Phineas & Ferb Soundtrack - Okay, I don't have personal experience with this entire album myself, but I have thought on more than one occasion that the songs they do on the show are pretty clever. It just never occurred to me to buy the CD. I bet my girls would love this. So...guess what's going on my "to buy for Christmas" list?

Elizabeth Mitchell: Sunny Day - Oh my word. Don't walk, RUN and get an album by Elizabeth Mitchell right now. So well done, my word! How have I not heard of her before now? I just scrolled through several song samples on iTunes and I really really want to get one of these albums soon.

Phil Joel: Deliberate Kids - We found this in 2007 and really liked it a ton. Phil Joel, of Newsboys fame, put together this collection of decent songs on theology for kids. So, yes, it's Christian, but it's good Christian (as in, the art aspect has not been sacrificed for the message here.)

Seeds Family Worship - The title of this CD implies it's also Christian. Seeds Family Worship has several CDs of scripture set to music and again, the key here is that it's really well done.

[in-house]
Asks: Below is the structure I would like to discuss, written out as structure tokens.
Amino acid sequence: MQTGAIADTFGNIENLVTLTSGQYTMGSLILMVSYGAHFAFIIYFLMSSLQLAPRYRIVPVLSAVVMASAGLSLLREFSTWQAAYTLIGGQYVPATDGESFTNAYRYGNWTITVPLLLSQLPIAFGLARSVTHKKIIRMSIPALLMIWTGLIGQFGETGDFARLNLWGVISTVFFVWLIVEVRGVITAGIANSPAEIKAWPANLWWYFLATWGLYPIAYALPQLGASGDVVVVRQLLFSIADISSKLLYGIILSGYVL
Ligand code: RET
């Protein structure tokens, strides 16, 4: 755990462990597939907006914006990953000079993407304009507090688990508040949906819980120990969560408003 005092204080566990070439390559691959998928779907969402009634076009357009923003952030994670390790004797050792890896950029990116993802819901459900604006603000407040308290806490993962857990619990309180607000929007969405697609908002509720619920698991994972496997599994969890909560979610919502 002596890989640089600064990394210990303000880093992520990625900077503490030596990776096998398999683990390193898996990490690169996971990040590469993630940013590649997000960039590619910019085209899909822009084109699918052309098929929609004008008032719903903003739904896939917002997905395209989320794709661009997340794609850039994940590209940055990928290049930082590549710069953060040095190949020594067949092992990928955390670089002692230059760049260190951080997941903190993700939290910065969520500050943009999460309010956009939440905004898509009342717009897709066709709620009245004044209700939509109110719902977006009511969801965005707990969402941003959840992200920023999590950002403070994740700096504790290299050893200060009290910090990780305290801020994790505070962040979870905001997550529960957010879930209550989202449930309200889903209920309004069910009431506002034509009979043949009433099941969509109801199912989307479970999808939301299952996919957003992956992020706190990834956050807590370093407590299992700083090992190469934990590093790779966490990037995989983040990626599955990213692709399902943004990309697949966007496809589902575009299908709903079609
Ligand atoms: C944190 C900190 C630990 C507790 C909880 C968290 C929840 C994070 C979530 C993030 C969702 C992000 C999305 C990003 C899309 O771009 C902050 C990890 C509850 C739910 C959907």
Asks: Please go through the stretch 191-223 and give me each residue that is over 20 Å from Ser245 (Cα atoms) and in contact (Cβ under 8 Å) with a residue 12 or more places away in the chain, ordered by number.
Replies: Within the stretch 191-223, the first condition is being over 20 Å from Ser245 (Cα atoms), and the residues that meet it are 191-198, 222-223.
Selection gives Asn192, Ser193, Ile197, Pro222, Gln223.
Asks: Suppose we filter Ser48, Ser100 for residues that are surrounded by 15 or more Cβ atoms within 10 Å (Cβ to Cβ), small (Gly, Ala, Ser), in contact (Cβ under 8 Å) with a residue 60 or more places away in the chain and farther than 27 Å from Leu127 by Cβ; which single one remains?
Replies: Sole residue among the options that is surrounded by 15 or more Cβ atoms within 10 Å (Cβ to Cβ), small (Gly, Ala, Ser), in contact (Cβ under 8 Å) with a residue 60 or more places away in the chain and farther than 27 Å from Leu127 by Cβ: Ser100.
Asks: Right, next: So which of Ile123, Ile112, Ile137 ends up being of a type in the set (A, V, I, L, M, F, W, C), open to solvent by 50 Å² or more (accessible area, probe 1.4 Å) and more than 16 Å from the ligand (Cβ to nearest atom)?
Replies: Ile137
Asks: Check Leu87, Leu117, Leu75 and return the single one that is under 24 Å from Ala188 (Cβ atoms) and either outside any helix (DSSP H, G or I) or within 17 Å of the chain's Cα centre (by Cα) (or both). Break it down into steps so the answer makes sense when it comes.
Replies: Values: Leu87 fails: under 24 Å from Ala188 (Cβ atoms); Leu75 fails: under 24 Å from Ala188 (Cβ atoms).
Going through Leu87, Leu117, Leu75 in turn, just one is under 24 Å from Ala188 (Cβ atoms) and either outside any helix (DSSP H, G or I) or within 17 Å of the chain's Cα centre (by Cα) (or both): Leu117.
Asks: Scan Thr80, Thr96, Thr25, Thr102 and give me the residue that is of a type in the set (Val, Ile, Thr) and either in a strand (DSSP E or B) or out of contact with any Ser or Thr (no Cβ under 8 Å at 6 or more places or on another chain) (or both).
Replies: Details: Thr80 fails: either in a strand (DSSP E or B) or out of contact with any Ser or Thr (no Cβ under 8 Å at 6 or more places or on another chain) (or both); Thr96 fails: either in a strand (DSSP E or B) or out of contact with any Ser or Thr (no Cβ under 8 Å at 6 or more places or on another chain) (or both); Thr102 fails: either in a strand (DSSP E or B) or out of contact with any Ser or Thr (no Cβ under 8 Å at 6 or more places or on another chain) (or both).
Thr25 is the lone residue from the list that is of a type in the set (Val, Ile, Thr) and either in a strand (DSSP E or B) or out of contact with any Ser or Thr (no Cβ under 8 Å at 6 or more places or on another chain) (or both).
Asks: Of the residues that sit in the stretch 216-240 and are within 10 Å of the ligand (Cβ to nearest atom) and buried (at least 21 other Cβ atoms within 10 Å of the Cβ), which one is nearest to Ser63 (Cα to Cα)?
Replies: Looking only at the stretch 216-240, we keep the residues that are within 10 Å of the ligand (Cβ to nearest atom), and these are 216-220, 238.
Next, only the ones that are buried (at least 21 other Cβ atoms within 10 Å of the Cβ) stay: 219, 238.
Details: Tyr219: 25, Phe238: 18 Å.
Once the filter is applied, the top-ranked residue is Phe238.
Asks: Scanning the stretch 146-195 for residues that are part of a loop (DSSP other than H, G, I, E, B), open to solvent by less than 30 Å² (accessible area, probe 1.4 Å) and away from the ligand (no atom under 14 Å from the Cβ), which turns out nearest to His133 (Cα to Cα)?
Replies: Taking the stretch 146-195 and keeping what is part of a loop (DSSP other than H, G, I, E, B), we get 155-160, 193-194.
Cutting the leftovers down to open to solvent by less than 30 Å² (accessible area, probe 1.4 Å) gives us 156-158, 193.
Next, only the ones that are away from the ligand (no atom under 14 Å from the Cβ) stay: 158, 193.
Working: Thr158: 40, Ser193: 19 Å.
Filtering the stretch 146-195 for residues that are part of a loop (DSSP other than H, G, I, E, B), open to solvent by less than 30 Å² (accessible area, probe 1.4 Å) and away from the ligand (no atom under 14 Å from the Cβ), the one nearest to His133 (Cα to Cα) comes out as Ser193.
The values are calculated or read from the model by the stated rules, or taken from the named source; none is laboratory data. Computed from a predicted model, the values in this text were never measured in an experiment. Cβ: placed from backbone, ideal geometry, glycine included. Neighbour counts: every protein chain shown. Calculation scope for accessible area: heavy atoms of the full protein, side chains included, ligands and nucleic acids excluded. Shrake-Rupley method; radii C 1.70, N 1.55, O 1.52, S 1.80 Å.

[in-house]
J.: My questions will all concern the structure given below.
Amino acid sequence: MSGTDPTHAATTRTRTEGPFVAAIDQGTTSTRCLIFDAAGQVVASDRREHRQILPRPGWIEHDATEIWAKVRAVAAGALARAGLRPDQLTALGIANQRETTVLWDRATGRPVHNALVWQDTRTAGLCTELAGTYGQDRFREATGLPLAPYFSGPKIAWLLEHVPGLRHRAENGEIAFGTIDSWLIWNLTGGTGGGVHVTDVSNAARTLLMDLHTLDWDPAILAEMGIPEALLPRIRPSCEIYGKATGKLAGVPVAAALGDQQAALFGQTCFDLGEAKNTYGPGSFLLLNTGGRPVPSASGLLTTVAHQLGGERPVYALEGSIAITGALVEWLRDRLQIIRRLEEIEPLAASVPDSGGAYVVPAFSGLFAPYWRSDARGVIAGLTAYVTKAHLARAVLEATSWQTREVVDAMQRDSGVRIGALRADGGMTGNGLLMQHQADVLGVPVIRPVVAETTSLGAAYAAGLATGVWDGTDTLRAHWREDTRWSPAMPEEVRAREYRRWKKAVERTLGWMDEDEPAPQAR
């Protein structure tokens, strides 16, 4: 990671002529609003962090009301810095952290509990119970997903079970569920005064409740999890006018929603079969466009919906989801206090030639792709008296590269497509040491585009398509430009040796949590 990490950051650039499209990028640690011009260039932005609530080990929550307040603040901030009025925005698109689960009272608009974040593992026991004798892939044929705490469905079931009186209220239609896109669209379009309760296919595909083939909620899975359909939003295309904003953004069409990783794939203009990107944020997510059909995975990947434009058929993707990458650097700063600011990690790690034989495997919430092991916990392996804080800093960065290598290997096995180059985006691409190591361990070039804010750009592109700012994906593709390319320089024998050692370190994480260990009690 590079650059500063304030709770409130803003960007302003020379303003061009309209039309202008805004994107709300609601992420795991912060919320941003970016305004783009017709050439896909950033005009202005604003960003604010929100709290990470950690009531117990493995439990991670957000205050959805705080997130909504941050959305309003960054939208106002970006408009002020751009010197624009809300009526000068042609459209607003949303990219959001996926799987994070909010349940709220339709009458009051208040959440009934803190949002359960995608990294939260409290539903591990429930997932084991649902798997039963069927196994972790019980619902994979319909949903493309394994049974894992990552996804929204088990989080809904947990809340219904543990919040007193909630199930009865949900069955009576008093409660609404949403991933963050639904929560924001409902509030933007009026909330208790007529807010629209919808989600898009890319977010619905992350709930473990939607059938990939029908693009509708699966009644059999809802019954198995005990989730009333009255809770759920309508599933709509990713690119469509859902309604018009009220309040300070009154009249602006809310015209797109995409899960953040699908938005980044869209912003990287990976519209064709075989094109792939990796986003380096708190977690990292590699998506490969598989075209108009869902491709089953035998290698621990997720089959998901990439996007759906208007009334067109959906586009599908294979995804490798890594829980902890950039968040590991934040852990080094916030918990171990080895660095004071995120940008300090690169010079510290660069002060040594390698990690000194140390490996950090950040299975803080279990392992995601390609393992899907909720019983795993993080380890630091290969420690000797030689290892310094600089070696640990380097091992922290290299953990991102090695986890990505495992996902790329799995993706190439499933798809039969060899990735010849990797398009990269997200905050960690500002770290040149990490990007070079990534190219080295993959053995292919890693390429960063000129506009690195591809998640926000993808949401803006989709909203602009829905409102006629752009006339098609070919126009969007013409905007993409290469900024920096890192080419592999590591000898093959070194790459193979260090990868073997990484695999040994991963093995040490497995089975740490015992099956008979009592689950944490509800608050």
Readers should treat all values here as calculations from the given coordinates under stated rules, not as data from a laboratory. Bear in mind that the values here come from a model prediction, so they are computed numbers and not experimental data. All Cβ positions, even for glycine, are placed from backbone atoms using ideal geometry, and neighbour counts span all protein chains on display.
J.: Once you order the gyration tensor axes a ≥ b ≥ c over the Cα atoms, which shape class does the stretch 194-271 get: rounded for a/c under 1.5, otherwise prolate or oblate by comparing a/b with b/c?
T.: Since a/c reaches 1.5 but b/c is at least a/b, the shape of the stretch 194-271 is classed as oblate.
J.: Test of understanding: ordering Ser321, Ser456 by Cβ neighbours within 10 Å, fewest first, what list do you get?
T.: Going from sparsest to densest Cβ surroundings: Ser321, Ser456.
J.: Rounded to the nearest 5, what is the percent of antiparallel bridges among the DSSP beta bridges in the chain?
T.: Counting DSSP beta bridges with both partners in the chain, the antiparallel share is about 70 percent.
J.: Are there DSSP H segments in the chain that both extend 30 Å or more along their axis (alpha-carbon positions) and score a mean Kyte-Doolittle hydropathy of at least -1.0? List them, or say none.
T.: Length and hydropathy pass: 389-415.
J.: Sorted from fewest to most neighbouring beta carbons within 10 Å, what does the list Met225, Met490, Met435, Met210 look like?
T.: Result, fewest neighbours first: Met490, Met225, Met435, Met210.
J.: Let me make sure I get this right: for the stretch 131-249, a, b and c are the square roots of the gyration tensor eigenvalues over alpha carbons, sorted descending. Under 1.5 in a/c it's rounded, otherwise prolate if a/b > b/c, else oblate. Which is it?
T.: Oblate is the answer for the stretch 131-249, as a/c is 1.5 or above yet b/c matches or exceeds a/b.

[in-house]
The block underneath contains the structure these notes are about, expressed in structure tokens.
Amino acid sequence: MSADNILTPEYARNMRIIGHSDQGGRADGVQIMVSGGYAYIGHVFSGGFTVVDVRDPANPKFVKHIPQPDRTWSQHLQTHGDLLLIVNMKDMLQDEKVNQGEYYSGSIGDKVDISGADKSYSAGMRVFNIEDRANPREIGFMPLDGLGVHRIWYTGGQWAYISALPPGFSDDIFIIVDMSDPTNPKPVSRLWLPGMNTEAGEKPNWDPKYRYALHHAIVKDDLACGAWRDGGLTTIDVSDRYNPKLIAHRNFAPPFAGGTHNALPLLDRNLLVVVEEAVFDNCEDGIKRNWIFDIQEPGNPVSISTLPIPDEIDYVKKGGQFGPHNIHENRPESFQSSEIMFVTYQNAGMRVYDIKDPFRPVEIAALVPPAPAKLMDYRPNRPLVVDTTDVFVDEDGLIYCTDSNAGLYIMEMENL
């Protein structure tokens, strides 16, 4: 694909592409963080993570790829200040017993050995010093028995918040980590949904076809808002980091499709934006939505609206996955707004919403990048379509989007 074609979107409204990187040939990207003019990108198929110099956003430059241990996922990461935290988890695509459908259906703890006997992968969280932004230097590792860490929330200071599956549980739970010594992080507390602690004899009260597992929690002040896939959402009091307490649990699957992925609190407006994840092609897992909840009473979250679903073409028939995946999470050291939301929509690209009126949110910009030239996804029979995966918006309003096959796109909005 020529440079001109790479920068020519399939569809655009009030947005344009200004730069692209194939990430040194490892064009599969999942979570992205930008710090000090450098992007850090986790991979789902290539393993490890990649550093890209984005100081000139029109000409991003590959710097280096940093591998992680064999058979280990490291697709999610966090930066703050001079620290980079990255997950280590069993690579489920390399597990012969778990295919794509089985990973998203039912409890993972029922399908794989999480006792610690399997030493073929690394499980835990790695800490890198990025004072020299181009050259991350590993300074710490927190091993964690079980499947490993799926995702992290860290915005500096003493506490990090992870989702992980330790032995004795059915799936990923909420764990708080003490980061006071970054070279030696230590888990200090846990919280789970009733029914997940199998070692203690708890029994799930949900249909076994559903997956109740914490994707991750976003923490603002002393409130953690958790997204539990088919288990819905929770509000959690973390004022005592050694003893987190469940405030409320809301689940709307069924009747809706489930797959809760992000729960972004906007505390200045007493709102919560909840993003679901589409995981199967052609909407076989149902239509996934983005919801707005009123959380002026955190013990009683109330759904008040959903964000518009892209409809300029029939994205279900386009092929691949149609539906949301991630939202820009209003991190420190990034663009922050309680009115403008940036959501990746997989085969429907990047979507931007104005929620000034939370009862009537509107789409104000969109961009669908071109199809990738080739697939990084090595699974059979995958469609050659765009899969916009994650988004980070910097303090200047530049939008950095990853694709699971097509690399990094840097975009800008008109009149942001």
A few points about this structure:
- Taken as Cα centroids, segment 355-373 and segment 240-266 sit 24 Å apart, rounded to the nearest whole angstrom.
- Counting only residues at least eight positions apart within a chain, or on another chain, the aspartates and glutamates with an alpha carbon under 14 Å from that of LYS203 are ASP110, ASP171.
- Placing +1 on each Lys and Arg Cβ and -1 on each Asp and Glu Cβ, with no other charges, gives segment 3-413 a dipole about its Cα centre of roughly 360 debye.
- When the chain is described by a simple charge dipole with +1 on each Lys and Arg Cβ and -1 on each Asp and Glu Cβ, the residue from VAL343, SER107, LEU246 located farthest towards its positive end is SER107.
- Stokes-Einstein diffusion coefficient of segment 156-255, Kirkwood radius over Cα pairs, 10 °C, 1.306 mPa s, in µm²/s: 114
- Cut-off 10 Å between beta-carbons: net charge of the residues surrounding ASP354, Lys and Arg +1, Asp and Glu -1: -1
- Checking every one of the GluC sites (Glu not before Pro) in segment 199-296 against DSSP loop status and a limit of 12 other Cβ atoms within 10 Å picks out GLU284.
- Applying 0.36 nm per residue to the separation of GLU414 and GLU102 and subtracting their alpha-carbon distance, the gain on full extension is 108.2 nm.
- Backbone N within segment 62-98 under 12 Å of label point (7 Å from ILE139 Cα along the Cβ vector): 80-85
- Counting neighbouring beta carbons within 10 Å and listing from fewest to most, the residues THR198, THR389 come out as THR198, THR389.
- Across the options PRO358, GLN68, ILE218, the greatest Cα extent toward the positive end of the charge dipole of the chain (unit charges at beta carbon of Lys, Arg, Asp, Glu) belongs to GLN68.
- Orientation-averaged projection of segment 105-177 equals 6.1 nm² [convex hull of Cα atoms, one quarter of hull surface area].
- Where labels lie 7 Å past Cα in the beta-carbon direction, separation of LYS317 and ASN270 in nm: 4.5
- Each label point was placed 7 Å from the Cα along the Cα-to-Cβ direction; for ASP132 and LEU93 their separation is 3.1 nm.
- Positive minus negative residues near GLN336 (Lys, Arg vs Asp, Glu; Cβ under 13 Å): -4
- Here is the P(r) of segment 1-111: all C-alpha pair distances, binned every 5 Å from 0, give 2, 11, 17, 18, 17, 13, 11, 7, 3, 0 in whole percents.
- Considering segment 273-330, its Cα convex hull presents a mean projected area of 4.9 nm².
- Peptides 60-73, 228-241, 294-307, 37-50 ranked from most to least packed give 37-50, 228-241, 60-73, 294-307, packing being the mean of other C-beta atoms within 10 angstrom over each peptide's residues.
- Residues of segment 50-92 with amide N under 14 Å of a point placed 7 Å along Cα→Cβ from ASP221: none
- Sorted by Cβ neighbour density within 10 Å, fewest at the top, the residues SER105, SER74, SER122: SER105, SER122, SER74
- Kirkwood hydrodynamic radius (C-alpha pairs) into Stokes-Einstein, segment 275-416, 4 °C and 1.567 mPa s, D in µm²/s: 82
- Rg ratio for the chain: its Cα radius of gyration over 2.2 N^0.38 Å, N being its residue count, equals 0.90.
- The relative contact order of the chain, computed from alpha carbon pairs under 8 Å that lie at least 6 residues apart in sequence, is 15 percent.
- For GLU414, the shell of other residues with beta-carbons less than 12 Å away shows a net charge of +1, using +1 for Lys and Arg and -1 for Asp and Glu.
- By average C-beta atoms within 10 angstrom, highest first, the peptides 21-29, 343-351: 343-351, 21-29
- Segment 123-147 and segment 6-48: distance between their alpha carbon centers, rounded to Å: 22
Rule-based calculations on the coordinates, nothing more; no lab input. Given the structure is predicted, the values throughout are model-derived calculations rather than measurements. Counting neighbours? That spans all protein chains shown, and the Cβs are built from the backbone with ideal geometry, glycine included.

Picture 11
The Jellydots: Hey You Kids! - Oh wow, where have I been? This is another new recommendation to me and it's fantastic. I'm trying to figure out who to compare it to and I'm having a bit of trouble deciding who they remind me of, but I did just pop this on my Amazon wish list. We've been missing out

(Megan and her family of six recently moved from the Midwest to the Pseudo Southwest. She's been hobbling along at the Half-Pint House since *gasp* 2003.)

Gretchen - Nostalgia-Inspired Gifts

Set of 10 1950s Children's Metal Tin Plates, $26. Children love play cooking and play eating. I love the variety of designs. They’d make a great gift for someone who decorates with quirky plates, too. It’s an instant collection.

Fabric Children’s Board Game Motif 2012 Calendar, $18/yard. The print on this fabric is a work of art. Buy a yard and make your own wall hanging, calendar pillow, or mat it and invent a game. The colors and adorable animals are so charming, you won’t want 2012 to end. Bring on the end of the world! There’s no way 2013 could top it.